World Food Crisis as Ukraine Halts Grain Exports? There’s A Simple Solution (and a Silver Lining)

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Pundits and climate advocates have hailed a “silver lining” to Russia’s brutal invasion of Ukraine: By driving up fuel prices and pointing up the risks inherent in depending on Russian gas and oil, it will speed Europe’s transition to greater energy efficiency and cleaner, greener renewable sources. But there is another opportunity for a green transition, highlighted by war-driven shortages of an even more vital suite of commodities: basic foodstuffs.

 Together, Ukraine and Russia supply about 12 percent of all the food calories traded worldwide, including a third of wheat and 27 percent of barley exports. Ukraine alone provides 15 percent of the world’s corn and half its sunflower oil imports. Most of this trade goes through the Black Sea, now swarming with Russian warships. The U.S. State Department charges (and Russian officials naturally deny) that Russia is blocking Ukrainian ports to cut off grain exports and that it has bombed at least three civilian cargo ships.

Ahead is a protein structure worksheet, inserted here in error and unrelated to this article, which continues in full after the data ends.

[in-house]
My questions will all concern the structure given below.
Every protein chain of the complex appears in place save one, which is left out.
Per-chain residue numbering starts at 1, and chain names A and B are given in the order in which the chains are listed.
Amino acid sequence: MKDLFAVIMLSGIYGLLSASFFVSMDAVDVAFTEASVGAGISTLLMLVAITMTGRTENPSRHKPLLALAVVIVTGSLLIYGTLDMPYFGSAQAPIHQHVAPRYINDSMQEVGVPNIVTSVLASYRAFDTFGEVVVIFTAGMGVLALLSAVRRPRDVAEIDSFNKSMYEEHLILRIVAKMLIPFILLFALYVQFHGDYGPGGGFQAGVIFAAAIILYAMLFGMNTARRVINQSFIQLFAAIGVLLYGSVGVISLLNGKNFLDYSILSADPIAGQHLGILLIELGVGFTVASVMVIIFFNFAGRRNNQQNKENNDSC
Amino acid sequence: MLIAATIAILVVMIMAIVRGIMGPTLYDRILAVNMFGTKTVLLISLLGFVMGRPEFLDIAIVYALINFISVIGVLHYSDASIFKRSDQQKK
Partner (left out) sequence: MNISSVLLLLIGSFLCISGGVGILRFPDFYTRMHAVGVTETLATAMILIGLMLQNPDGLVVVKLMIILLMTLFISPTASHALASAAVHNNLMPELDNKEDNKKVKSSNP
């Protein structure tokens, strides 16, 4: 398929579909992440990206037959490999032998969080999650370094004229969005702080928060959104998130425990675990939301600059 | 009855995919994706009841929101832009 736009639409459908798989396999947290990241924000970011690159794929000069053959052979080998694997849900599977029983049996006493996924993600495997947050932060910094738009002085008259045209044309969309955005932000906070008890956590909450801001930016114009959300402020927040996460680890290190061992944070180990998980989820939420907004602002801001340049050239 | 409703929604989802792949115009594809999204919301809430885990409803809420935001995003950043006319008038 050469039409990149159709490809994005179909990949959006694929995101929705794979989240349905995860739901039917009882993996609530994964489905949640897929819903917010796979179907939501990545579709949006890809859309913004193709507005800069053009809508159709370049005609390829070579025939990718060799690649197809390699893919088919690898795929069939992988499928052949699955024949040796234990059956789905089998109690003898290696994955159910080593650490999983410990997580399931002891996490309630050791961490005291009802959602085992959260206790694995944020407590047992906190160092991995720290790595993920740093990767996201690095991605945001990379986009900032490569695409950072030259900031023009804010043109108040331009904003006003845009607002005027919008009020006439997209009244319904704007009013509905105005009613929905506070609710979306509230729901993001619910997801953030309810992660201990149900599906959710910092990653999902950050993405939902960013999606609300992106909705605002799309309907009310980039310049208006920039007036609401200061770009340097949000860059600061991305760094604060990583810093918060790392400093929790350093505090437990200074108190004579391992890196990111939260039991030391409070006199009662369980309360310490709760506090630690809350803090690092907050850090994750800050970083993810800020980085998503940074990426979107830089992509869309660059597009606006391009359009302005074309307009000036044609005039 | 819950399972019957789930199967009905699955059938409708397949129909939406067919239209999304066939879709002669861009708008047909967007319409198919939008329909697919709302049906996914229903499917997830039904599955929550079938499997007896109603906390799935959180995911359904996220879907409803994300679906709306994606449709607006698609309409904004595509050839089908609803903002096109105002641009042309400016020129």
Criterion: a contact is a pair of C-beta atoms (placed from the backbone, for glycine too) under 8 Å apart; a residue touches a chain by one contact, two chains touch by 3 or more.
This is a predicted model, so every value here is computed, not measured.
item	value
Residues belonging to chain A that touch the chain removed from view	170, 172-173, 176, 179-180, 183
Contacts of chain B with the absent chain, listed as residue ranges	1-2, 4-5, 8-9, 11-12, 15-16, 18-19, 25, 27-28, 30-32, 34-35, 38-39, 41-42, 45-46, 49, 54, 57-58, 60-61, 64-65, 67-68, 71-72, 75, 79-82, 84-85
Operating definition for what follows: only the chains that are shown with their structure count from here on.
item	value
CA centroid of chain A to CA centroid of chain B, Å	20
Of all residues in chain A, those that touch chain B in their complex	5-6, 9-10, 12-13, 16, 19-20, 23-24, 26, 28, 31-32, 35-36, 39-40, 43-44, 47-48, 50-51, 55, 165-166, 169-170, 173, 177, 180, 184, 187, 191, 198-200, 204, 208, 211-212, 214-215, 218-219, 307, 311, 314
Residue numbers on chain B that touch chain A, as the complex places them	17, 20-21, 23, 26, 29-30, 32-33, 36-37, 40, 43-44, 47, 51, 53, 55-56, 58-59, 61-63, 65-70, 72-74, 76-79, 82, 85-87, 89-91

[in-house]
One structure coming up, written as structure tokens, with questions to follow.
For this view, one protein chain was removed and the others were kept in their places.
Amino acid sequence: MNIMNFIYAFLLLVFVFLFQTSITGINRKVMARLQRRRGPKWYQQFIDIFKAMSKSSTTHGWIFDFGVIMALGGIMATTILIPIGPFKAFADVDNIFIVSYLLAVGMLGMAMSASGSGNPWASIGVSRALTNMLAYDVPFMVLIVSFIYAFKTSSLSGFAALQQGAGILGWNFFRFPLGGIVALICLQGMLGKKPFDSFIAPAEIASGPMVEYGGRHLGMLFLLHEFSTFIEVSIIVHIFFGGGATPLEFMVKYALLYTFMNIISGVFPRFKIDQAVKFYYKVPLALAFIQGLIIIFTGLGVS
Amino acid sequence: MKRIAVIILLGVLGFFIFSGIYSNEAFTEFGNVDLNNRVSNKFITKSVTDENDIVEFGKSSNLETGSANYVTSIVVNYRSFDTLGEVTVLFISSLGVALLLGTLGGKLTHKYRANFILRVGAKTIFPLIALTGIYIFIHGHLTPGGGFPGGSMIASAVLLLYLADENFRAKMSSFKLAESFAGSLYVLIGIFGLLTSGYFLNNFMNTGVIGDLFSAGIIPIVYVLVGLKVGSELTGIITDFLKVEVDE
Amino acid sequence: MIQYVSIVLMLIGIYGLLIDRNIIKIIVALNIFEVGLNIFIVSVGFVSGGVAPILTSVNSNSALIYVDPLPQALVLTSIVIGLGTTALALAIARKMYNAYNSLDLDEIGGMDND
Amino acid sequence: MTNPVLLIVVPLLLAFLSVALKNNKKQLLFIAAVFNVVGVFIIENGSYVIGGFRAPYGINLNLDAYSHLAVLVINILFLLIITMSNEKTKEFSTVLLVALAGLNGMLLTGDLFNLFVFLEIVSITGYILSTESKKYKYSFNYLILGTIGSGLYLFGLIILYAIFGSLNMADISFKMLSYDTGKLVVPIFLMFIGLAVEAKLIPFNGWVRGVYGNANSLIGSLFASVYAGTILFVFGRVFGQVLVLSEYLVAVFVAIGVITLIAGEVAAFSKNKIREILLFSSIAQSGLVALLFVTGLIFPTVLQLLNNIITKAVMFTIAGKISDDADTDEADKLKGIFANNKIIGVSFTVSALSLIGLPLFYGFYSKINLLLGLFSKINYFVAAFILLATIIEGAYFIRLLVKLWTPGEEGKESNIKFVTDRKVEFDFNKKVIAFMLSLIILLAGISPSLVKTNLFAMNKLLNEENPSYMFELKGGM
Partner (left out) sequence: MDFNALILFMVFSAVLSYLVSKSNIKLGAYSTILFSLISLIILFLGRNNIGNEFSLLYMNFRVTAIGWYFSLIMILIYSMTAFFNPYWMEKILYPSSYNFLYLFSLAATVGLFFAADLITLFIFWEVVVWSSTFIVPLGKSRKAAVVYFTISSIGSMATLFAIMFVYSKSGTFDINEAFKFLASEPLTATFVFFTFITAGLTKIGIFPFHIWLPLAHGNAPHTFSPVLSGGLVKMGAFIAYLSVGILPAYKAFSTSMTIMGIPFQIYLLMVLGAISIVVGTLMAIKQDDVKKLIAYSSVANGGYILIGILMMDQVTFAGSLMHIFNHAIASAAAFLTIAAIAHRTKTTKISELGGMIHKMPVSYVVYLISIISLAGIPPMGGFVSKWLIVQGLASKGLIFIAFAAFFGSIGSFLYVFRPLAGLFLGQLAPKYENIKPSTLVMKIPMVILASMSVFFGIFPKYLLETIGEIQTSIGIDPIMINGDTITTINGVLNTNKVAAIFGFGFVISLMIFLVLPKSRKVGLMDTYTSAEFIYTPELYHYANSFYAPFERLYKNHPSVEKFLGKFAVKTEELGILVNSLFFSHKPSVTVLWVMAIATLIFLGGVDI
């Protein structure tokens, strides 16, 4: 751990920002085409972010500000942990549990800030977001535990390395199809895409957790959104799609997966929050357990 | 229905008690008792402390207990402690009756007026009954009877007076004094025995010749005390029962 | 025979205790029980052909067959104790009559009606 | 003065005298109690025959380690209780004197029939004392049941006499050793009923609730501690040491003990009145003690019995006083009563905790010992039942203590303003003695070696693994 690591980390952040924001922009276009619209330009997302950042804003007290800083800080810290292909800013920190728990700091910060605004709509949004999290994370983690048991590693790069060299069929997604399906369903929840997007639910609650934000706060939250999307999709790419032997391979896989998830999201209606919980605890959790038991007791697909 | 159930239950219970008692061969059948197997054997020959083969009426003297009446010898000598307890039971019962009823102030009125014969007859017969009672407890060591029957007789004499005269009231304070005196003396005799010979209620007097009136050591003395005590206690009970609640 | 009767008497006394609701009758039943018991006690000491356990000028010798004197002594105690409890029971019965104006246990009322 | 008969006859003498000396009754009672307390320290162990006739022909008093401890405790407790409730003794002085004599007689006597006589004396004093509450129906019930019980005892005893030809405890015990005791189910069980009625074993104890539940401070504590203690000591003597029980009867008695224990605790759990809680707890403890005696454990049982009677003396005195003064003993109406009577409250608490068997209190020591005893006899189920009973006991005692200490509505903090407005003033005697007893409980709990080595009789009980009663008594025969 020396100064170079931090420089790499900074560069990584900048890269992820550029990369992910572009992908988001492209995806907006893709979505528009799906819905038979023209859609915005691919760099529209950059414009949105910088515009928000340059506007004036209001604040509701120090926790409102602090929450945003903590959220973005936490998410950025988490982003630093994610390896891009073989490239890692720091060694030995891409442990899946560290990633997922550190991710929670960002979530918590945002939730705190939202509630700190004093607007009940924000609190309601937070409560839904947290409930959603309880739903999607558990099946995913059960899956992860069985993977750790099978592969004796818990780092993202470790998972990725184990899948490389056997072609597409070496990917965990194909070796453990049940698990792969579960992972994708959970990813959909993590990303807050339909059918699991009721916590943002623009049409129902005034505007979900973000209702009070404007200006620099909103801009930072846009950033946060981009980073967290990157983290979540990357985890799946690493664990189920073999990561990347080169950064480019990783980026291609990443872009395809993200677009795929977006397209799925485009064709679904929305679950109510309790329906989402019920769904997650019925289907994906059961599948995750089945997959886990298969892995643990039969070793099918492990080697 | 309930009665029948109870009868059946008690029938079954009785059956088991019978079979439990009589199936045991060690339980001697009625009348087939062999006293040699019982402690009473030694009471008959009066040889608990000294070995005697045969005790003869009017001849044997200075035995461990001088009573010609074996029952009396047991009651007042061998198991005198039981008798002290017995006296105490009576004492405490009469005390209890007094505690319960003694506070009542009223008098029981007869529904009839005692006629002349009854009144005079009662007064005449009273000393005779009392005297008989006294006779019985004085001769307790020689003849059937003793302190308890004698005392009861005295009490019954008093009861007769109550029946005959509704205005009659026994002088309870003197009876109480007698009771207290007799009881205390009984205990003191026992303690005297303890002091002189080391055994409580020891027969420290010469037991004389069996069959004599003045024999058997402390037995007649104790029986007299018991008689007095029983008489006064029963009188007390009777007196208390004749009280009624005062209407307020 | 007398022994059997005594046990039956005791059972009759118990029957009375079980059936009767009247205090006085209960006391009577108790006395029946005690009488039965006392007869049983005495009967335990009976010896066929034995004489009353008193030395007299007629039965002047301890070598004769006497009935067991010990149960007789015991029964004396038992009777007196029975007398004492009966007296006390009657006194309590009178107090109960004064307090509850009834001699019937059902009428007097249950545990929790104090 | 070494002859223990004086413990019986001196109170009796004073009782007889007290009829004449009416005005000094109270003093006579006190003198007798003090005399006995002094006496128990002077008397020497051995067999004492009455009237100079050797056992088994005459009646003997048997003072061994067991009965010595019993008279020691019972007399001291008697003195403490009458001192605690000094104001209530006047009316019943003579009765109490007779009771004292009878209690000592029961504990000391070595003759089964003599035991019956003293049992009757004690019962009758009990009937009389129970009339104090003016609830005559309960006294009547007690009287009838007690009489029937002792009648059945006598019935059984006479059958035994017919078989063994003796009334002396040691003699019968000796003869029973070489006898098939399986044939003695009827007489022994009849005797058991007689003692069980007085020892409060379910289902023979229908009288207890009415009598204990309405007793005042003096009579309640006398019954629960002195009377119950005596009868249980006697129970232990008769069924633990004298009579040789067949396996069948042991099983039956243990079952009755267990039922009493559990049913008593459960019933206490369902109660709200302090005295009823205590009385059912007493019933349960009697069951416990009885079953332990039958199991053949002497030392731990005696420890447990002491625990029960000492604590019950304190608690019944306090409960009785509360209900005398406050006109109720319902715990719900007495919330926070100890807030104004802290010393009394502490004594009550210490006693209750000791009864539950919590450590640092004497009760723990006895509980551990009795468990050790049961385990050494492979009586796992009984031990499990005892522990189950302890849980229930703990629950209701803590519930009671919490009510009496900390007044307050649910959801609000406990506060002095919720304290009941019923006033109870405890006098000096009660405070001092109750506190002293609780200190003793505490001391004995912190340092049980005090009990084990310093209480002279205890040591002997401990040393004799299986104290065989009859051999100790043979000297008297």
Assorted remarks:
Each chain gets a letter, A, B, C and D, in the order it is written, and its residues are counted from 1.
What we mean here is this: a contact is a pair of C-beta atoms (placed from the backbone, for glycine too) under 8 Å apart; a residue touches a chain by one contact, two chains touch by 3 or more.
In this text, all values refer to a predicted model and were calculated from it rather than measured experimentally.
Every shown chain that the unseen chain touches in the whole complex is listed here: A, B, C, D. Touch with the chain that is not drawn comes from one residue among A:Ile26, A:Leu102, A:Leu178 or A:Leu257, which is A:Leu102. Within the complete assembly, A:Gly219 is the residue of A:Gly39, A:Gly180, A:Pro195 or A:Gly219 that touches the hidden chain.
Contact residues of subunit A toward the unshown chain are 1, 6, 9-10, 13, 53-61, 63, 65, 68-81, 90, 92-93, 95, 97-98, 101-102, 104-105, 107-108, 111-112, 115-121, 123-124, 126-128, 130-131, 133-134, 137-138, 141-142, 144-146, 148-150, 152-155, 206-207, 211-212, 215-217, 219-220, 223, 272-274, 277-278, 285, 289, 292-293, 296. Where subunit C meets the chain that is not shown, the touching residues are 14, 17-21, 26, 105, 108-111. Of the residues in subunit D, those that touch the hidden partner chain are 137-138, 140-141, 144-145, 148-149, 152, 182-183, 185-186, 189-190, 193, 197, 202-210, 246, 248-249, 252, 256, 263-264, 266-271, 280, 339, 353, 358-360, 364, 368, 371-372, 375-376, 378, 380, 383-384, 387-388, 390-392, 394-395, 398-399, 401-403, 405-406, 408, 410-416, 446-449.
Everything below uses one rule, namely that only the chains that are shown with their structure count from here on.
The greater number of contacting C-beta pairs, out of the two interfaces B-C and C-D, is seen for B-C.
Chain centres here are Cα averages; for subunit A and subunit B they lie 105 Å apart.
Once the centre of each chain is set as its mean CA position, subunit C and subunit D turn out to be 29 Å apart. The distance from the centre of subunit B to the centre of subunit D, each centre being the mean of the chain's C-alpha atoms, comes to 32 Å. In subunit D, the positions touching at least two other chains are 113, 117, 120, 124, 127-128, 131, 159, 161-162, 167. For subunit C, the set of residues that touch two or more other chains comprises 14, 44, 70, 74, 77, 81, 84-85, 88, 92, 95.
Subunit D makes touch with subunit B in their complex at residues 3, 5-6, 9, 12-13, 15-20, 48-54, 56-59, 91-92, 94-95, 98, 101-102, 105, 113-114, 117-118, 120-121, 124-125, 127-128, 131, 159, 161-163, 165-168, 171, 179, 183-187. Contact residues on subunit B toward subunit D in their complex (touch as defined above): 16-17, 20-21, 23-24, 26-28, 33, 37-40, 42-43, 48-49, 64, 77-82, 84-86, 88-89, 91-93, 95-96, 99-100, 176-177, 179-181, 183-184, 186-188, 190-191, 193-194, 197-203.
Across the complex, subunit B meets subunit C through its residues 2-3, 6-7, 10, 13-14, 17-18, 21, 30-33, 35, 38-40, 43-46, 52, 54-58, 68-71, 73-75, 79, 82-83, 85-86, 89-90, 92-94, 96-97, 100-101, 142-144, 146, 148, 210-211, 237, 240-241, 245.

Russia is also the world’s largest fertilizer exporter, thanks to its vast gas feedstocks. It recently suspended exports, threatening crops in Brazil, the world’s largest corn exporter, which depends heavily on Russian fertilizer. Even if these exports resume, sanctions and soaring prices may prevent other countries from ramping up crop production and filling the grain deficit. 

This picture will only worsen if combat prevents spring planting in Ukraine or if Russia’s fertilizer cut-off severely reduces Ukrainian crop yields. To ensure against a “humanitarian crisis” at home, the Ukrainian government has announced a ban on exports of wheat, oats, and other staples. All this comes at a time when world food prices were already soaring. 

Drought and other weather woes and pandemic disruptions had already constricted some supplies, and hunger was already rising in some low- and middle-income countries. On March 29 the head of the UN World Food Program, which gets more than half its grain supplies from Ukraine, warned the Security Council that it will have to cut its allotments to the 125 million desperate people it feeds in Yemen and other war-torn and famine-threatened regions. High costs have already reduced Yemen’s allotment by half. 

Analysts shudder at the prospective political consequences. Food insecurity and inflation breed unrest; rapid food-price increases in 2008-9 sparked riots from Haiti to Bangladesh and helped drive the Arab Spring uprisings two years later. Many countries in Africa, South Asia, and the Middle East (where bread is the essential staple) get most—for hard-pressed Lebanon and Egypt, more than 80 percent—of their wheat from the Black Sea breadbasket.